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Where’s the Picture on the Box top?

While we are continually urged to get “out-of-the-box” so we can find new ways to “connect-the-dots” within it, our continuing difficulties finding those more effective dot-connecting relationships might suggest it’s time to revisit the idea of “boxes” as containers for ”dots” that need to be connected. Consistent with this site’s use of metaphors to tap into understanding how much we already know in other settings but seldom apply to schooling, it might be helpful to think about how we sometimes use the “box” itself to help us reconnect the pieces it contains.


I’ve discovered that one occupational hazard of an  “ol’ dog’s” learning how to be a “warm, sensitive new-age male” is that you often “feel the pain” of others.

Most painful for me these days is the deep frustration of those who believe we know more about fixing what’s wrong with schools than we are using… and yet can’t figure out what to do about it… except blame those who aren’t doing what they “know” needs to be done.

A painful example occurred during a recent TV discussion by three national journalists* who

(1) seemed to understand the interconnected nature of the social and economic conditions that the US currently struggles with, and that education was the single common issue influencing all of them; and

(2) seemed to have the depth of thought to understand also that a fundamental issue influencing education’s problems was a “failure to communicate” at its core level. Schools don’t engage and then develop the already-embedded creative capacities of each of the today’s kids.

One of them concluded that the “saddest thing is that we know what to do… and yet don’t do anything about it.”

Theirs wasn’t a new awareness. In 1996, the Consortium on Productivity in the Schools in its report — Using What We Have to Get the Schools We Need:  A Productivity Focus for American Education — pointed out that “America already knows enough and has sufficient resources to fundamentally change the ways schools function…”

Over that 15-year time span, however, few seemed to ask why that gap between knowledge and action still seems to be true?  What is it that we think we “know” about the “box” called schooling… and how has applying that knowledge been working for us?

What if there were something we didn’t know that could better explain it?  And what if we already “knew” it but didn’t know we did?  The 1996 report offered a clue to that possibility when they suggested that the problem was that our society needed to look at its schools through a different lens.   “Without a sense of the whole, we end up with what has become a familiar cycle of patchwork improvement and disappointment.”

The Schooling “Box” and its Puzzle pieces

How does the problem offered by a box of jigsaw puzzle pieces relate to today’s painful, frustrating searches for insights about how to solve the problem of doing more with what we already have?

Most of us begin to solve the puzzle by first studying the picture on the lid of the box — the end-product of our problem-solving effort. Periodically — at least in the early stages of assembly — we return to the picture for guidance. First, it gives us some confidence that there is a way that all the pieces ultimately fit together, and second it offers clues for how they can fit together.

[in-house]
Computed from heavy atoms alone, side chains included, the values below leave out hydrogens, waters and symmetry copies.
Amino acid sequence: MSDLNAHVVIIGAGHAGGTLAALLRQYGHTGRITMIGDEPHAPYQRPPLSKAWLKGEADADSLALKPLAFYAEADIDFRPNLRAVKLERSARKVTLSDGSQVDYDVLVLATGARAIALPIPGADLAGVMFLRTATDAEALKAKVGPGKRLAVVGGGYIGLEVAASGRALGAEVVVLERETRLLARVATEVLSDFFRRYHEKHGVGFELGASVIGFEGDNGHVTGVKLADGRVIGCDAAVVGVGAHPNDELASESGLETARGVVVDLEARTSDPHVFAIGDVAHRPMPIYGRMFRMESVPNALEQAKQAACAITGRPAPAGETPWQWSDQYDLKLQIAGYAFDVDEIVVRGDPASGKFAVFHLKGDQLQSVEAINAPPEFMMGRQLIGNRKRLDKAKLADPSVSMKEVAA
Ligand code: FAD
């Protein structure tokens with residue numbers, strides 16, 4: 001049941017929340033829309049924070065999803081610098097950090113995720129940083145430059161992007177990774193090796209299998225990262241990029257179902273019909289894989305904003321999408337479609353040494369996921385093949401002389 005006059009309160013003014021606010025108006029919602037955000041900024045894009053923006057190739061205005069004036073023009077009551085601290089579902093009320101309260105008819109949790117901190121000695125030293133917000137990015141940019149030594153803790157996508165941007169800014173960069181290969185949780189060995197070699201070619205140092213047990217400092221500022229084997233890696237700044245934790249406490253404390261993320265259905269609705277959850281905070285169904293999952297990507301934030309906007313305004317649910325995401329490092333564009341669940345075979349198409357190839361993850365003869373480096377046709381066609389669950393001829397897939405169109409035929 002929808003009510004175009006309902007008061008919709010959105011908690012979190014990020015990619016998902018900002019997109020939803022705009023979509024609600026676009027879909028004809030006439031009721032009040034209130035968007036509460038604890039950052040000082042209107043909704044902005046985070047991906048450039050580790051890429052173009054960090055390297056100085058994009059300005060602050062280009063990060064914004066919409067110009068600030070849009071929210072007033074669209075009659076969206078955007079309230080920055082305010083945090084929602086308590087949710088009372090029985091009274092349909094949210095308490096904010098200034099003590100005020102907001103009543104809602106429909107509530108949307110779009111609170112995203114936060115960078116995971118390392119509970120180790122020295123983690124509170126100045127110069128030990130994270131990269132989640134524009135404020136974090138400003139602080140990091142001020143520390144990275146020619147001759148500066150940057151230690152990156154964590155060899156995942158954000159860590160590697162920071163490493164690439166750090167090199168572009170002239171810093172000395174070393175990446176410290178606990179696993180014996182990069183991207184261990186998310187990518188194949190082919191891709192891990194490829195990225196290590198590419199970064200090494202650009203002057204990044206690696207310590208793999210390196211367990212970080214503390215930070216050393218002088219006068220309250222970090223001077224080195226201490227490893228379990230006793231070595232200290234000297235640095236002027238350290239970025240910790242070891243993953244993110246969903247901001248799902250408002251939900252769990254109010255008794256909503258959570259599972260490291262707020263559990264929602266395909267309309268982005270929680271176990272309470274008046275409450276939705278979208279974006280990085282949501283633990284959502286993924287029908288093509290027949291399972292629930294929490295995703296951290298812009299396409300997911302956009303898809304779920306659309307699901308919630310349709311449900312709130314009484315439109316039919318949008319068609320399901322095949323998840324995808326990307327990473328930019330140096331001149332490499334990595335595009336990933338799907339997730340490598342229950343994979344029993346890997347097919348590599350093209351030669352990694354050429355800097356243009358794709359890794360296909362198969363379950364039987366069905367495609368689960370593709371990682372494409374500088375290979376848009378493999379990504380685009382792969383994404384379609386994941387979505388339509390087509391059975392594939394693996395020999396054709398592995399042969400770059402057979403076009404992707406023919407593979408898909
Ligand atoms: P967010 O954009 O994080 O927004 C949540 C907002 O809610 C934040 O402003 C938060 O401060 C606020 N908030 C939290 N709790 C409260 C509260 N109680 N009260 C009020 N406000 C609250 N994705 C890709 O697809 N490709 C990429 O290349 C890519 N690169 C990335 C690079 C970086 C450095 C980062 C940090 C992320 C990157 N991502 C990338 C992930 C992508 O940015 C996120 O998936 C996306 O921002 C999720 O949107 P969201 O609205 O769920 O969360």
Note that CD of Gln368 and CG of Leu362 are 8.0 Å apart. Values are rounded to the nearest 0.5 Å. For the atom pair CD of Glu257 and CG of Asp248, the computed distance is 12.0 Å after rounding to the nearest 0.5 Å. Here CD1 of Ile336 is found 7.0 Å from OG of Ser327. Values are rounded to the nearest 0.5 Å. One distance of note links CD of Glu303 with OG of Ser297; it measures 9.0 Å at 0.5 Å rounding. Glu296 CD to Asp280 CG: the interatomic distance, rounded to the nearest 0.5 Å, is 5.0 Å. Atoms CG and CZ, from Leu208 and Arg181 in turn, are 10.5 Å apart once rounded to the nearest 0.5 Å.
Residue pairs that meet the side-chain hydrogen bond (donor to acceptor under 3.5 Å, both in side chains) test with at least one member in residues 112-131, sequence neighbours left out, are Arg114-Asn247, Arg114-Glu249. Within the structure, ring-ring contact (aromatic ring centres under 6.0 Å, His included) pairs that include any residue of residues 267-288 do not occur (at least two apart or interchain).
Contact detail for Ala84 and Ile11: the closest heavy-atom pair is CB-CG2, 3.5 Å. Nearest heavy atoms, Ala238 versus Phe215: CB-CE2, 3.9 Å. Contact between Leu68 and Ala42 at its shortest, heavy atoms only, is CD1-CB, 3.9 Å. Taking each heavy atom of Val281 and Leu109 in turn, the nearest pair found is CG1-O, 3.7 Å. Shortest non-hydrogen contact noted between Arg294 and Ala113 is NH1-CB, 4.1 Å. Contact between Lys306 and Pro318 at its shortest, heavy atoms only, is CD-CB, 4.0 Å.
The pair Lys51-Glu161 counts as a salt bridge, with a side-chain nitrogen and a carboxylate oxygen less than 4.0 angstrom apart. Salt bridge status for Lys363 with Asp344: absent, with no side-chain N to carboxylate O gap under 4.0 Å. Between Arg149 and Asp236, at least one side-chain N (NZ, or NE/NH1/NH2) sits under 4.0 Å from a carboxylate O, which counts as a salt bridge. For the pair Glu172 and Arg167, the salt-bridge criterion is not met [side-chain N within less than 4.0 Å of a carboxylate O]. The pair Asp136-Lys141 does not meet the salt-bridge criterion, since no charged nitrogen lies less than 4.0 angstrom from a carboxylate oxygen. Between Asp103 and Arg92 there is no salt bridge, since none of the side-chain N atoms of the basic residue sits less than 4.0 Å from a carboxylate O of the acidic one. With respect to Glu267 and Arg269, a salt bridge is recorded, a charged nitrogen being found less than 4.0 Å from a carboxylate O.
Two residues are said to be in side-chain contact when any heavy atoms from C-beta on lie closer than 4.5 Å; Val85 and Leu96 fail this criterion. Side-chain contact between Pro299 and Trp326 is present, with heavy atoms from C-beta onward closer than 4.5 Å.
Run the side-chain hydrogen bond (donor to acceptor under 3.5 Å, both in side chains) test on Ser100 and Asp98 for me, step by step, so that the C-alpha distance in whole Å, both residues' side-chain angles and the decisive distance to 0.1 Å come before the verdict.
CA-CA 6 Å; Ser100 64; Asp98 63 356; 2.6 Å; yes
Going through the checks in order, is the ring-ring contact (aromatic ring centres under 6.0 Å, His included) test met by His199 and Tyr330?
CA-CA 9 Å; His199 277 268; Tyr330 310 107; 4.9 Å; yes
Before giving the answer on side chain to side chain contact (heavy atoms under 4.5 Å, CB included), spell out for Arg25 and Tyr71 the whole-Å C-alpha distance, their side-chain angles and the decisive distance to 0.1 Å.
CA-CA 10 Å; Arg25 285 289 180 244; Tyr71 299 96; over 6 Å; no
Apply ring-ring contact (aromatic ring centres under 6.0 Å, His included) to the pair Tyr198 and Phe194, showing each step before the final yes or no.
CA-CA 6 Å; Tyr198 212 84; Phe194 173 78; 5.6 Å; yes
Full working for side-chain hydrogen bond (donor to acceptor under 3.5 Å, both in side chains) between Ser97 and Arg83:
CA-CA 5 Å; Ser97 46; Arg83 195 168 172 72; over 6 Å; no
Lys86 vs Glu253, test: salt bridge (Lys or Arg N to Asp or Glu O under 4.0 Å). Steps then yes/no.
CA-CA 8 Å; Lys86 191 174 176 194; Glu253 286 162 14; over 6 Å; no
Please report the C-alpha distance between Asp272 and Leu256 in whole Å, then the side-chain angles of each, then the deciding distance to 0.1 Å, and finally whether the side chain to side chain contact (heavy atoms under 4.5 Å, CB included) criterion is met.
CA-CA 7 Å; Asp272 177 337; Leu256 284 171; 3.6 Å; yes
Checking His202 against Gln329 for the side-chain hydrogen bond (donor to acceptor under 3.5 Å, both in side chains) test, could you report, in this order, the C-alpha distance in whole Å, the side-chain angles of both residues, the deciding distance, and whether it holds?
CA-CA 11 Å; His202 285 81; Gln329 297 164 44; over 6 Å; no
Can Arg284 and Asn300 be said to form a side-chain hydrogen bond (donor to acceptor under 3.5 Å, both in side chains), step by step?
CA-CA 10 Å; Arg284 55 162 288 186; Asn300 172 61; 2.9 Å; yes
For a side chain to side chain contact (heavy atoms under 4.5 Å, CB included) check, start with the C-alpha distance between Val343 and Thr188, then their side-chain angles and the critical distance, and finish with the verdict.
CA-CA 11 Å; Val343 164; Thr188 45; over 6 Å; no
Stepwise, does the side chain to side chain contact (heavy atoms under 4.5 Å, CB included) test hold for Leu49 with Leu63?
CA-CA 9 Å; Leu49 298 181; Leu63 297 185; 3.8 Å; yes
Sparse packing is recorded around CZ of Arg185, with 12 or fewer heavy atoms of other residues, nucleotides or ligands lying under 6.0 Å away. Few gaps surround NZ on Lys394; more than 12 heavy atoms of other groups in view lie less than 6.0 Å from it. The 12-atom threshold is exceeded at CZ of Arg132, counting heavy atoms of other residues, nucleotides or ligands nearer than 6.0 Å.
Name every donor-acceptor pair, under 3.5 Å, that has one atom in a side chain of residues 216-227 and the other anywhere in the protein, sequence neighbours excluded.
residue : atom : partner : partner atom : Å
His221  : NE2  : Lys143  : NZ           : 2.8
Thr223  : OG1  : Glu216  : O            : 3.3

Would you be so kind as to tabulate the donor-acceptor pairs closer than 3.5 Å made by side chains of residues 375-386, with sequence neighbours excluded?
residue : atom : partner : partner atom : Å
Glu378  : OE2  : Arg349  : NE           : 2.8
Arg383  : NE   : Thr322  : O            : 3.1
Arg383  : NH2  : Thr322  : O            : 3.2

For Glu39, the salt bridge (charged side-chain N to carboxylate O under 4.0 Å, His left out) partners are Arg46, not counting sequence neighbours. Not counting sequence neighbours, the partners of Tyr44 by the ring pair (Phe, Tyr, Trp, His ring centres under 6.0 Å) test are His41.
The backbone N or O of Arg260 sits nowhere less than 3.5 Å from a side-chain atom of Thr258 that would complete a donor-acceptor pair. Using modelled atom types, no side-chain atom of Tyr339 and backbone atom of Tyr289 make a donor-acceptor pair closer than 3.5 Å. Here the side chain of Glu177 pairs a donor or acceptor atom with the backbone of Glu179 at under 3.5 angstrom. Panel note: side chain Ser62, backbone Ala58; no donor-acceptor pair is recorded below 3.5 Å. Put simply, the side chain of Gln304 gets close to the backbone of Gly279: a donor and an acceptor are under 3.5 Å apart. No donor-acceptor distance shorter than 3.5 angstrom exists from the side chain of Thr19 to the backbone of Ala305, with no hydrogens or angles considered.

Unfortunately, without this orienting image, the work of schooling today has become a random search for meaning that seems to fit the 1996 prediction of “cycles of patchwork improvement and disappointment.”

That is why this website’s three inter-related purposes focus on providing an “orienting image” that offers ways to “see” and understand the “box,” the “dots” in it, and how they actually “connect” in the daily work of schooling.

1.   As noted at the top of the Sabusense homepage, it offers a more meaningful way to “connect- the-dots” and see how what we “know” must be done… can be done.  This “different lens” we metaphorically call Alice’s Looking Glass.

2.   More importantly, that lens was used to capture key elements of the story of a major 140,000+ student school district as it successfully created a new box top picture in the minds of its 19,000+ staff who on a daily basis have to fit together the pieces of a puzzle far more complex than those cut by any jigsaw.  This was a school system “box” that could integrate  and sustain the interdependent dot-connecting processes of learningteaching and schooling.  Validated now by national research it meets the “box-top picture” criteria —  offering confidence to others trying to solve the same  puzzle that there is a way that all the pieces ultimately fit together, and then providing clues for how they can fit together.  And finally,

3. To share what I, as an embedded learner, learned along with them about how to do it.  Many of these thoughts can be found with this site’s articles and  20,000 ft Memos. One in particular–Picture on the Jigsaw Puzzle Box (2004) – captures some on-the-go thoughts and learnings as the ways-of-thinking about the “box” at all levels of the district’s work began to change.

It’s interesting to re-read some of those thoughts seven years later now that the district is reaping the results of having embedded a meaningful box-top picture in a sufficient number of minds.

For example, there is much that can be learned from the ways they used the power of the Baldrige processes to influence how people see their work relating to personal and organizational results.  And also about the nature of external support that is needed to override the deeply-embedded box top picture that most people bring to schooling’s puzzle-solving tables.


The journalists: Nicholas Kristoff (New York Times), Eugene Robinson (Washington Post) and Margaret Carlson (Bloomberg)

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